Daniels July 10, 2012 at 03:19 PM
Ordinarily I don’t comment on posts on this site but seeing that it comes from the editor herself, I couldn’t hold back. Do you think that manners are in our DNA? It is a duty of parenthood to teach children to be respectful of others. I question the credibility of the ‘steward’ of this site if she believes it is anyone else’s job (i.e., teachers, schools, etc.). Yes, I would hope your sons would hold the door for anyone who seems to be in need of assistance, but if not taught to by their parents, then whom?
Linda Sadlouskos (Editor) July 10, 2012 at 04:23 PM
Dear Dan, I DO think parents should teach children to be helpful of others -- and I encourage mine to be so, advising them to assist others when they see they could use a hand, or it would be good manners to do so. However, I said I would hope that not ONLY mothers would be given the task of teaching manners to their children. If you do your best to instill your children or other young people to take the initiative to lend a hand to others, my hat's off to you. BTW, when my then 13--year-old son & I went to South Carolina to see my older son at college a few years ago, we were laden with his belongings like pack animals when we took the train from Lyons, had to switch in Summit and then took Amtrak from NYC to N. Carolina. Although one of my older son's friends from Basking Ridge very courteously drove us to Lyons and assisted in getting on board, NOT ONE person in Summit helped us pick up a suitcase or box to get on board, even if it meant basically pushing us out of the way. Things were even better in New York...and by the time we got down south, people were helping us even when we didn't need it...can this be somewhat regional?
HG July 12, 2012 at 04:38 PM
I spent much of the 80s being sneered at by people like Eva when I held open doors for people. (That is, I held the door open for men and women, but when I held the door open for a women [who don't see you hold it open for men at other times], she'd often refuse to go through the door or make a snide comment.) I now restrict my door-holding (or seat relinquishing) to people that I know won't give me the business. That certainly means that I do nothing "chivalrous" for young women in the Northeast, pregnant or not. Chivalry was killed by the feminist movement and the whole "age before beauty" nonsense.
colleen Bondy July 13, 2012 at 02:37 PM
I agree with Eva, this should be more a discussion of teaching manners to our children, not just our sons. BTW this is not a recent problem. While pregnant I commuted from Morris Plains to Brooklyn ( NJ train to hoboken, ferry to WTC, subway to metro tech) rarely did anyone give me their seat. HG- I've heard your excuse from men too often. Sounds more like an excuse than reality. There was a very small percentage of women who took the movement too far and chastised chivalry. Certainly not enough to force you to abandon your beliefs! My husband and I have taught both my son and daughter to be polite and respectful to others and to help those in need. Has nothing to do with male vs female or north vs south.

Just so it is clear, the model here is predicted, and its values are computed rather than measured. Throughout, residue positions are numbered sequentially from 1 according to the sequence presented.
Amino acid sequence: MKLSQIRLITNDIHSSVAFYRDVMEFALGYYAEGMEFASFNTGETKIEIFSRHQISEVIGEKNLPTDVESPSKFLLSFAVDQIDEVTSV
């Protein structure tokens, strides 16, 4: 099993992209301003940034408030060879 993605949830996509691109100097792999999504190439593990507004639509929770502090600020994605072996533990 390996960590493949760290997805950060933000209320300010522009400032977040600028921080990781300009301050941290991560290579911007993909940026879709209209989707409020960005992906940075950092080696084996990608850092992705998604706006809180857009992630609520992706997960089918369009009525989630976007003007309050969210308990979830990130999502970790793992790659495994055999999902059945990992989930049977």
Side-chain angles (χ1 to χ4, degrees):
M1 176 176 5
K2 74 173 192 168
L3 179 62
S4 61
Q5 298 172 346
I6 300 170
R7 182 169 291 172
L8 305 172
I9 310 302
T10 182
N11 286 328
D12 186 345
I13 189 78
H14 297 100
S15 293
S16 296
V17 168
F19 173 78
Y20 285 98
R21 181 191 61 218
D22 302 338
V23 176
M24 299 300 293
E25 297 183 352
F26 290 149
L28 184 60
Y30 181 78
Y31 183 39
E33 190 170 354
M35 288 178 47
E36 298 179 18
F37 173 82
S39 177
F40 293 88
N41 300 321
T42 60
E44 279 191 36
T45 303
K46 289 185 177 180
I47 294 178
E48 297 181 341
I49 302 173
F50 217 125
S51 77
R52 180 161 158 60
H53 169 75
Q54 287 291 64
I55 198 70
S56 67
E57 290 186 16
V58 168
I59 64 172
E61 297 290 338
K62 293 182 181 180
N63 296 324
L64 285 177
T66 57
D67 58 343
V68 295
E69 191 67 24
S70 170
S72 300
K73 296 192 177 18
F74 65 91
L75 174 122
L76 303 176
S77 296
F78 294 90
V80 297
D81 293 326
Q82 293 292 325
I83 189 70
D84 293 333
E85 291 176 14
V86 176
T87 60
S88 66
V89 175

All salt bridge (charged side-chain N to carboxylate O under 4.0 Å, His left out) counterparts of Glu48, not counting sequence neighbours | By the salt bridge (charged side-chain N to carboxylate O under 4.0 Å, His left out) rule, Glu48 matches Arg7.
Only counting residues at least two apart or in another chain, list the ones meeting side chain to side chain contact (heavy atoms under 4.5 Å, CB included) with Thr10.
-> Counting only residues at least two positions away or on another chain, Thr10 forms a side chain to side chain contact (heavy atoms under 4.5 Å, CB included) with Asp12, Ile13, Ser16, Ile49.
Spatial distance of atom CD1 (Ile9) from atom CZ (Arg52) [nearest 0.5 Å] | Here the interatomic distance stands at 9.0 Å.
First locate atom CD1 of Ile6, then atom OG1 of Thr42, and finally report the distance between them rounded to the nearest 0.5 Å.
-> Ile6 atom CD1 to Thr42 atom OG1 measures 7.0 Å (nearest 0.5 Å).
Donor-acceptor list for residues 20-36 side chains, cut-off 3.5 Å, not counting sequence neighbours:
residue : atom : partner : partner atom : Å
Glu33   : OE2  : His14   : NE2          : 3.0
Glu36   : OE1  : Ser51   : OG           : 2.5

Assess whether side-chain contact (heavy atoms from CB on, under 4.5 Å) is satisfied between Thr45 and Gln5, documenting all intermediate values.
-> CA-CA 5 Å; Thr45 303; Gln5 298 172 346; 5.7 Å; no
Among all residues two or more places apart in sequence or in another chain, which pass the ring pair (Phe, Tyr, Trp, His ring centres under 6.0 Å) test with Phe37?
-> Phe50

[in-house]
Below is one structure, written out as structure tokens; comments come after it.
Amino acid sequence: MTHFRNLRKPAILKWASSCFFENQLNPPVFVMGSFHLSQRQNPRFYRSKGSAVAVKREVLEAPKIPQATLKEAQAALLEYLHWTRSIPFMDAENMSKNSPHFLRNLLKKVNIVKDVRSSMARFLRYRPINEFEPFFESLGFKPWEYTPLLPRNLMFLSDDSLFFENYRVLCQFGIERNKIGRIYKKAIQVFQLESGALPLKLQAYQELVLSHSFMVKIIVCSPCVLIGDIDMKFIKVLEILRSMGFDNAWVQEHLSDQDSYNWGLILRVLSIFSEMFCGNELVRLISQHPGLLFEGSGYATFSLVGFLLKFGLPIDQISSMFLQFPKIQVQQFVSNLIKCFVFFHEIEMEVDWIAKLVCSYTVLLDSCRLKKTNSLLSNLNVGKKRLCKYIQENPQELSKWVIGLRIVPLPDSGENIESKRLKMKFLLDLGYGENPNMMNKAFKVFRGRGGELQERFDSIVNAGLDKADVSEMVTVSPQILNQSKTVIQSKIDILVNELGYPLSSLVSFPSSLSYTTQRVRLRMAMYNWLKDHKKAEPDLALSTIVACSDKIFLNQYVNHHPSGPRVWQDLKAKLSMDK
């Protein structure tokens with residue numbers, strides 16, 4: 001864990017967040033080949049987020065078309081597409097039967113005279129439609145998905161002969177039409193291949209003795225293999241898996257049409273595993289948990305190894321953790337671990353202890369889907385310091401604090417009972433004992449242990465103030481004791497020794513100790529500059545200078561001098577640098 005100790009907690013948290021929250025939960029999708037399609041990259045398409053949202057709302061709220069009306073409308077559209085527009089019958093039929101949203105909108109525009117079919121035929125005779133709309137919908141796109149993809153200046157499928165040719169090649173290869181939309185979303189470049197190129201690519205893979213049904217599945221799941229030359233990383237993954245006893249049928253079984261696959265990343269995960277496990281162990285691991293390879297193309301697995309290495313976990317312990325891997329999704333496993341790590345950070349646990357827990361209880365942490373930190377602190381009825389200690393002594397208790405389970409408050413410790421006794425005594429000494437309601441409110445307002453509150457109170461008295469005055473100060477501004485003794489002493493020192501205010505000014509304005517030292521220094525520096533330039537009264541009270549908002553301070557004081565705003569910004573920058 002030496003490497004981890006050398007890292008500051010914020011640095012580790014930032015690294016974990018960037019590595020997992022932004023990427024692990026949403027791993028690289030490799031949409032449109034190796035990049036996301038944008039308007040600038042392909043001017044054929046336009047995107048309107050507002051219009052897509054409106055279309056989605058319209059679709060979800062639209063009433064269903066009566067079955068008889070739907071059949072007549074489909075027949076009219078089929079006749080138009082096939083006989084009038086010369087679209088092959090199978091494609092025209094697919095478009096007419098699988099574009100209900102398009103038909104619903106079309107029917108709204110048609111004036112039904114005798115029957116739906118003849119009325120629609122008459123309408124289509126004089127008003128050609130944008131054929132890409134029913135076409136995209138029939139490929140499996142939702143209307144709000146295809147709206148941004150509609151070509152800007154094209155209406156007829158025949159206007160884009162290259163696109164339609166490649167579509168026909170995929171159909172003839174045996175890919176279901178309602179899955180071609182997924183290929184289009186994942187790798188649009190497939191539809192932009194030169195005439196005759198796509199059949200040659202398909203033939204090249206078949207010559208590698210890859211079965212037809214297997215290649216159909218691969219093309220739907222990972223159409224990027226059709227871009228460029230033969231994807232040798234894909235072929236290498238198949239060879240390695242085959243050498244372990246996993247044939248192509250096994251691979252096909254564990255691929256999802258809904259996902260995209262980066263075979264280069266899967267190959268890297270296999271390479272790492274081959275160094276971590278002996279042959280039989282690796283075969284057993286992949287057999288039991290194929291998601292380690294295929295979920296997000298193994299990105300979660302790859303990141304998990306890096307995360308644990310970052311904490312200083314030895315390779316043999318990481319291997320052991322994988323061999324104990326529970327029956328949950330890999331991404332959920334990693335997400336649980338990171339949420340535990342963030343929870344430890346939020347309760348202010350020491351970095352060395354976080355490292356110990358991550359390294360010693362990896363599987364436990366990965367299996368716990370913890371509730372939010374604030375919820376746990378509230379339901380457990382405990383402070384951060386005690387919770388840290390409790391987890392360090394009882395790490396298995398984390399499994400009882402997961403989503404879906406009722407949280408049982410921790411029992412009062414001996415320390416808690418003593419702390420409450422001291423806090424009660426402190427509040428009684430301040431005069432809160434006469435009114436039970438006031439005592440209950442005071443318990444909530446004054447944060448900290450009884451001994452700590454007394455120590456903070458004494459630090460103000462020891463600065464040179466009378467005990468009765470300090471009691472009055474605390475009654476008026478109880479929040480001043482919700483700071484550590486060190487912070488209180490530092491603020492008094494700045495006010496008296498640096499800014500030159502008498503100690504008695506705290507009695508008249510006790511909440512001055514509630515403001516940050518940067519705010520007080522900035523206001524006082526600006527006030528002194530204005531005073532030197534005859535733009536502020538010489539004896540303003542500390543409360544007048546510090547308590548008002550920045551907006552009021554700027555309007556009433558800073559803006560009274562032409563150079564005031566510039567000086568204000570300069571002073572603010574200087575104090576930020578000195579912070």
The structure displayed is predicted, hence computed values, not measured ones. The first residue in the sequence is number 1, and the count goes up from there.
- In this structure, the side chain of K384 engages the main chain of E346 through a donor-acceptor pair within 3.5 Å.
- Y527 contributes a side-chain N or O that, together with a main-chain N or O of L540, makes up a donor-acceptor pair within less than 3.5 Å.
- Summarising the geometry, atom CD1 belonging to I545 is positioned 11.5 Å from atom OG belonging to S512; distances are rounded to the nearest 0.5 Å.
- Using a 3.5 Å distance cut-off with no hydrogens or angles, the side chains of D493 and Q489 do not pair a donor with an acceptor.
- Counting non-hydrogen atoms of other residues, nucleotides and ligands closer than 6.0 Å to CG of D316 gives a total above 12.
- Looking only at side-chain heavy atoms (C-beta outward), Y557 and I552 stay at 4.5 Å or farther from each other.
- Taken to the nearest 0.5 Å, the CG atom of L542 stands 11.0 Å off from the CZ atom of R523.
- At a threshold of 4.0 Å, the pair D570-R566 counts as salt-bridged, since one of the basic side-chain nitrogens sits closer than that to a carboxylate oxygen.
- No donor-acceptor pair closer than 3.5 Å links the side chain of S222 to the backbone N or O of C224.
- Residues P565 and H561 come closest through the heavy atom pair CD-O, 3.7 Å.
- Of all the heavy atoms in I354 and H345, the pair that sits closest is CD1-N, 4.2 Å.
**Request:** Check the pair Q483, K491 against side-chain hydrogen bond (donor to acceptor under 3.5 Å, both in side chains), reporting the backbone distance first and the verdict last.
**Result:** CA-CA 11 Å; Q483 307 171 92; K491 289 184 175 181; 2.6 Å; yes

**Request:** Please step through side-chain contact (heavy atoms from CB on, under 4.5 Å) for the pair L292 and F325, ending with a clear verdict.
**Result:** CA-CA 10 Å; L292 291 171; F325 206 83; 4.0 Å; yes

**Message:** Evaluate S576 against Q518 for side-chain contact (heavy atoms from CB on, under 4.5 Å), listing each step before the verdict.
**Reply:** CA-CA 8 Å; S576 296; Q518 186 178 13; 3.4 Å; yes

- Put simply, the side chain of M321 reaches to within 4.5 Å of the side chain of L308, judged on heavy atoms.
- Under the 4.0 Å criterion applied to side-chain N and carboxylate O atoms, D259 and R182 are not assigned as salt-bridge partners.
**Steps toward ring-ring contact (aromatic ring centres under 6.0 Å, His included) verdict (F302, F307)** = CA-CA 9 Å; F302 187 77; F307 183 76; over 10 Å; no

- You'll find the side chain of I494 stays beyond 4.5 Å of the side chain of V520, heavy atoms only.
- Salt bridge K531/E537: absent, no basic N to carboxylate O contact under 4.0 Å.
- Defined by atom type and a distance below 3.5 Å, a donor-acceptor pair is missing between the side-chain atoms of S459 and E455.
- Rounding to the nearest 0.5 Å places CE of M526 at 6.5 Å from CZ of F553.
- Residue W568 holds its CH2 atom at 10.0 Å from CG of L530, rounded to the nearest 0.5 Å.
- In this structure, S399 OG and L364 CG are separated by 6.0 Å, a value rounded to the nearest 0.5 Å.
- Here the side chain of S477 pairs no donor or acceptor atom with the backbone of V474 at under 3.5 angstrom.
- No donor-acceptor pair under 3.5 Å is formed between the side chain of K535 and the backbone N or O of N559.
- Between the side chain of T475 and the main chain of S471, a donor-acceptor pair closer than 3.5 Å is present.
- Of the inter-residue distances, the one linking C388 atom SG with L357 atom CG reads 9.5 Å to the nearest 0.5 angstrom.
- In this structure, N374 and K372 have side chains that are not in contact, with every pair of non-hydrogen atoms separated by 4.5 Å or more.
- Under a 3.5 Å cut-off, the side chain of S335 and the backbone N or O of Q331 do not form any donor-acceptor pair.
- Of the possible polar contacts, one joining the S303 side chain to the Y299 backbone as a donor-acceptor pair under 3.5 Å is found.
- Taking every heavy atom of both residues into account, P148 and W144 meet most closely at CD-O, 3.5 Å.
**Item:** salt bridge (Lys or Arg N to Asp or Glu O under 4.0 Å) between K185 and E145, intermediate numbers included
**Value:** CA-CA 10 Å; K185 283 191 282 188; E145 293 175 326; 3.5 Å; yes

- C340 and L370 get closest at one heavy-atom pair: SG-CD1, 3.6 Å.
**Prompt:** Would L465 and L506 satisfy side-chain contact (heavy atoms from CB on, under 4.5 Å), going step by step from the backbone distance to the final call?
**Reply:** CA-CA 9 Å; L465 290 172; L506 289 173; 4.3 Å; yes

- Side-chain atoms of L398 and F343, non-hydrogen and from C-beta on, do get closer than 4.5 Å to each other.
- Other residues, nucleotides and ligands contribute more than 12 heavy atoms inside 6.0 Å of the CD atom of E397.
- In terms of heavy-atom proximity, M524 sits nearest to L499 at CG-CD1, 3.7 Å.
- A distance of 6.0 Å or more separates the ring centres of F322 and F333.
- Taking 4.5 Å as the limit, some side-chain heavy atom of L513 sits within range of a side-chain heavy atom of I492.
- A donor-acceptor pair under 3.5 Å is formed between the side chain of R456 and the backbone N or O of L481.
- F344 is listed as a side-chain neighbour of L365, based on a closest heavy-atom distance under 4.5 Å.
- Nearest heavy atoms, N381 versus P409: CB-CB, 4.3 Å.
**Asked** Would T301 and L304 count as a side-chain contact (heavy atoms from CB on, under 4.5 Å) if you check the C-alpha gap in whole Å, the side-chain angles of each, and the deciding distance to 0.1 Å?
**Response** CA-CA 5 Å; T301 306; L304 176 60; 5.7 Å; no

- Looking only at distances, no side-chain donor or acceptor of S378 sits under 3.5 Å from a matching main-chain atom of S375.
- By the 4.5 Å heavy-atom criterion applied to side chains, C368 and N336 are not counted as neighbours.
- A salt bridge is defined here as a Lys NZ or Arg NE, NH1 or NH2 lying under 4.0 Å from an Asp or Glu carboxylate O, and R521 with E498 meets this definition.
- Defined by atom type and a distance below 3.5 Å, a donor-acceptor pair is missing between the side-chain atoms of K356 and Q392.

KH July 14, 2012 at 11:52 AM
I live in Basking Ridge but grew up and went to college in the deep south. I must say that I was pretty shocked at the lack of common courtesy when I moved up north. I have lived here for four years and still have to laugh when I perform one simple act of what I consider to be common sense, polite behavior and it catches people completely off guard. I’ve also found that almost every time a door is held for me or a seat given up the man who did so is only going to then start flirting with me as if he were owed that right for being so “kind”. Never, in a million years, did I believe that boys would need to be taught to be gentleman but I do find myself paying extra attention to my son’s manners now. That being said I have met some very nice, polite men up here… I did marry one after all.
Laura Madsen July 15, 2012 at 04:03 PM
Melissa, your post reminded me of one I wrote last year, although mine was more location-centric about the lack of manners. http://hillsborough.patch.com/blog_posts/its-cold-here You make some very good points.